Who are some of your biggest literary influences? Do you have a favourite book/author?

I am someone who will pick up anything to read – even a cereal box – so it’s hard to know what to write for this question. I love books with a good dose of humour, witty dialogue, characters who I wish I knew in real life, and clever turns of phrases that make me read them over and over again just to savour their brilliance. In terms of influencing my actual writing of picture books, I would start with Eric Carle, Sandra Boynton, Phoebe Gilman, Mo Willems, Dr. Seuss, Robert Munsch, and end with really anyone who has written a really good book.


As for my favourite author/book?  Again there are so many! If I have to choose, I guess it would be Gordon Korman.  When I first read It Can’t Be Happening at McDonald Hall and realized that he was just a little bit older than me when it was written, he immediately became my hero. Mr. Korman continues to hold prime real estate in my book heart even now. I always read his classic I Want To Go Home all in one sitting at least once a year and still laugh out loud in the same places, every single time.


How would you describe your work?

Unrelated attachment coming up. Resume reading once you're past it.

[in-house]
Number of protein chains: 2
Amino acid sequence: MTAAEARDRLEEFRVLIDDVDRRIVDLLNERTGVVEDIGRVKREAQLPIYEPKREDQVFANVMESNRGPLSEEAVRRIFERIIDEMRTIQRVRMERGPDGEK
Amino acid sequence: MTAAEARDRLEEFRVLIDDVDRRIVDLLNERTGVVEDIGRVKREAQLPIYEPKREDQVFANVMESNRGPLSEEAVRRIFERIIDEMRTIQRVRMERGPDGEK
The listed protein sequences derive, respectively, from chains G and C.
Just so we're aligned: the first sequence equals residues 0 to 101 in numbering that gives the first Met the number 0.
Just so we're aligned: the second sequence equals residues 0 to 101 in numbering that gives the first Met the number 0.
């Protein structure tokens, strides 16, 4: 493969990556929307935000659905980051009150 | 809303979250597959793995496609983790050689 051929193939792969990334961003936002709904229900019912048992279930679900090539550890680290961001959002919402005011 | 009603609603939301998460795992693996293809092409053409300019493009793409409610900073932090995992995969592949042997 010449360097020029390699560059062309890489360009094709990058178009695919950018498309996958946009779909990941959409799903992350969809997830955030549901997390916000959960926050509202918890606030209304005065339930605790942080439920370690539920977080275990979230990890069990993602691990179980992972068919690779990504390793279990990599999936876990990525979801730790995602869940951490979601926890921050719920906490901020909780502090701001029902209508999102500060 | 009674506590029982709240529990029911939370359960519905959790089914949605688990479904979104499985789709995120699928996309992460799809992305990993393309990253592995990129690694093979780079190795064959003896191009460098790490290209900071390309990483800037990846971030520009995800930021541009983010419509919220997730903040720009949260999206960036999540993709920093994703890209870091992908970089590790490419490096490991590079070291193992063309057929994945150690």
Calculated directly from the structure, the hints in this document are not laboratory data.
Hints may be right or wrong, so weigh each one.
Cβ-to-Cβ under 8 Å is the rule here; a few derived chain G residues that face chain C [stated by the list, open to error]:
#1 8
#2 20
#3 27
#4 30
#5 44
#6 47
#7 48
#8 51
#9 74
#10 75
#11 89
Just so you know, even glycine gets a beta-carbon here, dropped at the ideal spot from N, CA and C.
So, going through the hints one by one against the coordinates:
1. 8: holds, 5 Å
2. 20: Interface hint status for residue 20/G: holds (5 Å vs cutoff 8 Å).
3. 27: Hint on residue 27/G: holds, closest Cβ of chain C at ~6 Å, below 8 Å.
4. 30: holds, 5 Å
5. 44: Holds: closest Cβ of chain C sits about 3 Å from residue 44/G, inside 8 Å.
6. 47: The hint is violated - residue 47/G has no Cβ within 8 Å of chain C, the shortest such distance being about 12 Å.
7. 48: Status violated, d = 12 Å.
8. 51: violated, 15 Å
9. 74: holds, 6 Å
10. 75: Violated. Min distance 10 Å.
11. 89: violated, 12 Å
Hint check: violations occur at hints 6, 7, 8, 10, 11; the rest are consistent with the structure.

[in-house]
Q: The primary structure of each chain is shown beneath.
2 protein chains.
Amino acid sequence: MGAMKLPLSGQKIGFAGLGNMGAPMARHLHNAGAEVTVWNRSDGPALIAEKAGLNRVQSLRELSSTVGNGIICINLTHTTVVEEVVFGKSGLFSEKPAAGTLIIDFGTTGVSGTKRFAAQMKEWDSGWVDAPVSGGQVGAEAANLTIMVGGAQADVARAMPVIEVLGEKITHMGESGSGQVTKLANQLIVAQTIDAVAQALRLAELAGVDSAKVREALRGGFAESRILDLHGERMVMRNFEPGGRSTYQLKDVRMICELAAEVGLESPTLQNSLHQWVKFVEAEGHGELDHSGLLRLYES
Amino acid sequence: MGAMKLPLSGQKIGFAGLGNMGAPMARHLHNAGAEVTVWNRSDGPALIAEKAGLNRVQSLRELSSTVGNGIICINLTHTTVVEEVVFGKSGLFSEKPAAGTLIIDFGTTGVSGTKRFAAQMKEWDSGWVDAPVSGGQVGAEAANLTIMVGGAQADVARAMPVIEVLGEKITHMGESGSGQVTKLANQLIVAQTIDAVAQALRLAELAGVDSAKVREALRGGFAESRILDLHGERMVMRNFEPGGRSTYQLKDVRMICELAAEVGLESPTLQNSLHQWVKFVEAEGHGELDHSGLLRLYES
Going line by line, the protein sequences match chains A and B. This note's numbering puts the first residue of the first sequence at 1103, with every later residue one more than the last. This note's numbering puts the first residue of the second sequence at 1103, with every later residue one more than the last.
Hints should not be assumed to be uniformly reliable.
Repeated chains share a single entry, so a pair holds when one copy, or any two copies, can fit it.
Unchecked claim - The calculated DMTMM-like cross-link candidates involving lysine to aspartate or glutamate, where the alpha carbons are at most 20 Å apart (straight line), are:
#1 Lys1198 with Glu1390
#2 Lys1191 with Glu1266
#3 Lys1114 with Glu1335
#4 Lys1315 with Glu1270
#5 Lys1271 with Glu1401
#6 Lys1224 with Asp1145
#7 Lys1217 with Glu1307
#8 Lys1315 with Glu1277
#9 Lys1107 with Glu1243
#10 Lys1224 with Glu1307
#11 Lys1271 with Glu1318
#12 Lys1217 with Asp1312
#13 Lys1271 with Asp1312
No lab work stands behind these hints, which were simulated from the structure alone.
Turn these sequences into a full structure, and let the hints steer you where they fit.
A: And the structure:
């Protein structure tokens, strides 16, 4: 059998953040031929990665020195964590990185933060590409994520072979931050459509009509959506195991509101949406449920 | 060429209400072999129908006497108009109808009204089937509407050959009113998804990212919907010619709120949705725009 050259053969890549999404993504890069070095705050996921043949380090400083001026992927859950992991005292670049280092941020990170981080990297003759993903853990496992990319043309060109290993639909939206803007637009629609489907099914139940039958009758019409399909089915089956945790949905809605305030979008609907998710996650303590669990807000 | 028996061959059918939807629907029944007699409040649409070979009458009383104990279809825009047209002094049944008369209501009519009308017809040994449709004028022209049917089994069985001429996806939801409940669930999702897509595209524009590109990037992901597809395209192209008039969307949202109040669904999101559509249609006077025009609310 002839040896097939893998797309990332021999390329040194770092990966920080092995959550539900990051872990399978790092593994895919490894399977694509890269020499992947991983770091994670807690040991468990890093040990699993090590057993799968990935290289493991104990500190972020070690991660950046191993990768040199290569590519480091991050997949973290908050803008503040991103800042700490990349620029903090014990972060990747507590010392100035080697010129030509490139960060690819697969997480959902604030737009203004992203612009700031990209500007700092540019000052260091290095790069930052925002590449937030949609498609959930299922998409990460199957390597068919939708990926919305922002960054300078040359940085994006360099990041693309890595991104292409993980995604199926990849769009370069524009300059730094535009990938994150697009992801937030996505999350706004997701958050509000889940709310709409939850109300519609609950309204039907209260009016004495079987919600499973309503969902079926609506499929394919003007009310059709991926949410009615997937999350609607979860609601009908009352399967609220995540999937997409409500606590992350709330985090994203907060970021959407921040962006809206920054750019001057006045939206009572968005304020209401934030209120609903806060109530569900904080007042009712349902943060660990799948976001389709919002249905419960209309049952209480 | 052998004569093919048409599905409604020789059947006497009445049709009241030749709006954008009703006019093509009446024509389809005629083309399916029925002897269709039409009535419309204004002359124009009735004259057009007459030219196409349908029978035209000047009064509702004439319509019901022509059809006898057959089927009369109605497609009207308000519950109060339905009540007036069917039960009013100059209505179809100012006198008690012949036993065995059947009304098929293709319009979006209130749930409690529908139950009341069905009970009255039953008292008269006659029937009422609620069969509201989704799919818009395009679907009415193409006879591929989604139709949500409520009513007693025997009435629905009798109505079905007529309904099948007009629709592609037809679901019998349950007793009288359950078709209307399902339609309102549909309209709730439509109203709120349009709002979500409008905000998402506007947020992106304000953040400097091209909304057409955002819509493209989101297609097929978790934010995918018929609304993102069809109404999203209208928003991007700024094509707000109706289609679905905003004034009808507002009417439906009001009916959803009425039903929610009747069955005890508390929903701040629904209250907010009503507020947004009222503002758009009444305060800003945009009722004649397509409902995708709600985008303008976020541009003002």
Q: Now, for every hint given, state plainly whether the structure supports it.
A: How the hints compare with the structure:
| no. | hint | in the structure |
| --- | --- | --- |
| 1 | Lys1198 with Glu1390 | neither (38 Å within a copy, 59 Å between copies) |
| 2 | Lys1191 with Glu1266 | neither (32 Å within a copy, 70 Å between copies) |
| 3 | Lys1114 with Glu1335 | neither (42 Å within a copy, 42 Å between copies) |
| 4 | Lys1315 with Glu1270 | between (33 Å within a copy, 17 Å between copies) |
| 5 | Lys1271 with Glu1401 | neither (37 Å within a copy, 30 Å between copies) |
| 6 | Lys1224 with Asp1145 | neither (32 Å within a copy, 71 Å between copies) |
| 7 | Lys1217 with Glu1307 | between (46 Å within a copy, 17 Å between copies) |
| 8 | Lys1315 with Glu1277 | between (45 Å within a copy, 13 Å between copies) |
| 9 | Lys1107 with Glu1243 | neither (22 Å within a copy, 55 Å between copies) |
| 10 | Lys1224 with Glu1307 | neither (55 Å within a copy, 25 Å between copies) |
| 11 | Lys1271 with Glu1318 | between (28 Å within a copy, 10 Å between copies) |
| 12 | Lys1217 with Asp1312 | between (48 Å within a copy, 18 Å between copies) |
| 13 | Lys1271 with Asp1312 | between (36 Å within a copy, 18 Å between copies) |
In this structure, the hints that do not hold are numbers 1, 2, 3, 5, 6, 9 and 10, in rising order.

I don’t really know how to answer that, so I will say that Oma’s Bag has been depicted by some people as “Where’s Waldo meets Robert Munsch”.


As for my other series, here are some other words that have been used to describe my books:  “a bright and sunny day”, “whimsical and engaging”, both a “delightful gem” and a “delightful romp” (clearly I’m scoring high in the “delightful” portion of the competition ), and maybe the best compliment of all, “a fun read”.


What’s your writing process like?

Mostly a lot of staring at a blank page or a screen.


Tell us about your most recent book.

Oma’s Bag is about a fun-loving family whose grandparents come to town for a visit. But this time, things seem different – grandmother Oma’s cooking doesn’t taste the same, and she’s started asking the same questions over and over, even while talking about specific moments from her past. Then things around the house begin to go missing: keys, eyeglasses, the TV remote. When the items turn up in the oversized shopping bag that Oma carries around with her, along with other cherished momentoes, the journey from the past to new shared experiences reminds the family that Oma is still Oma. And it is the memories made and discovered that will live in their hearts always.


What are you working on now/next?

There seems to be no shortage of things I could be working on. Lately, wherever I look, every anecdote I hear, every small moment I experience, a picture book starts forming in my head. My “It Must Be Seasons” series stars a high-spirited family out to discover the beautiful signs of the changing seasons. I hope to bring this family on more “delightful” learning adventures. The series also features a couple of joke-telling squirrels that have been fan favourites and I’ve started writing a spin off story for them. Finally, Oma is not done her adventures quite yet…we may well hear from her again.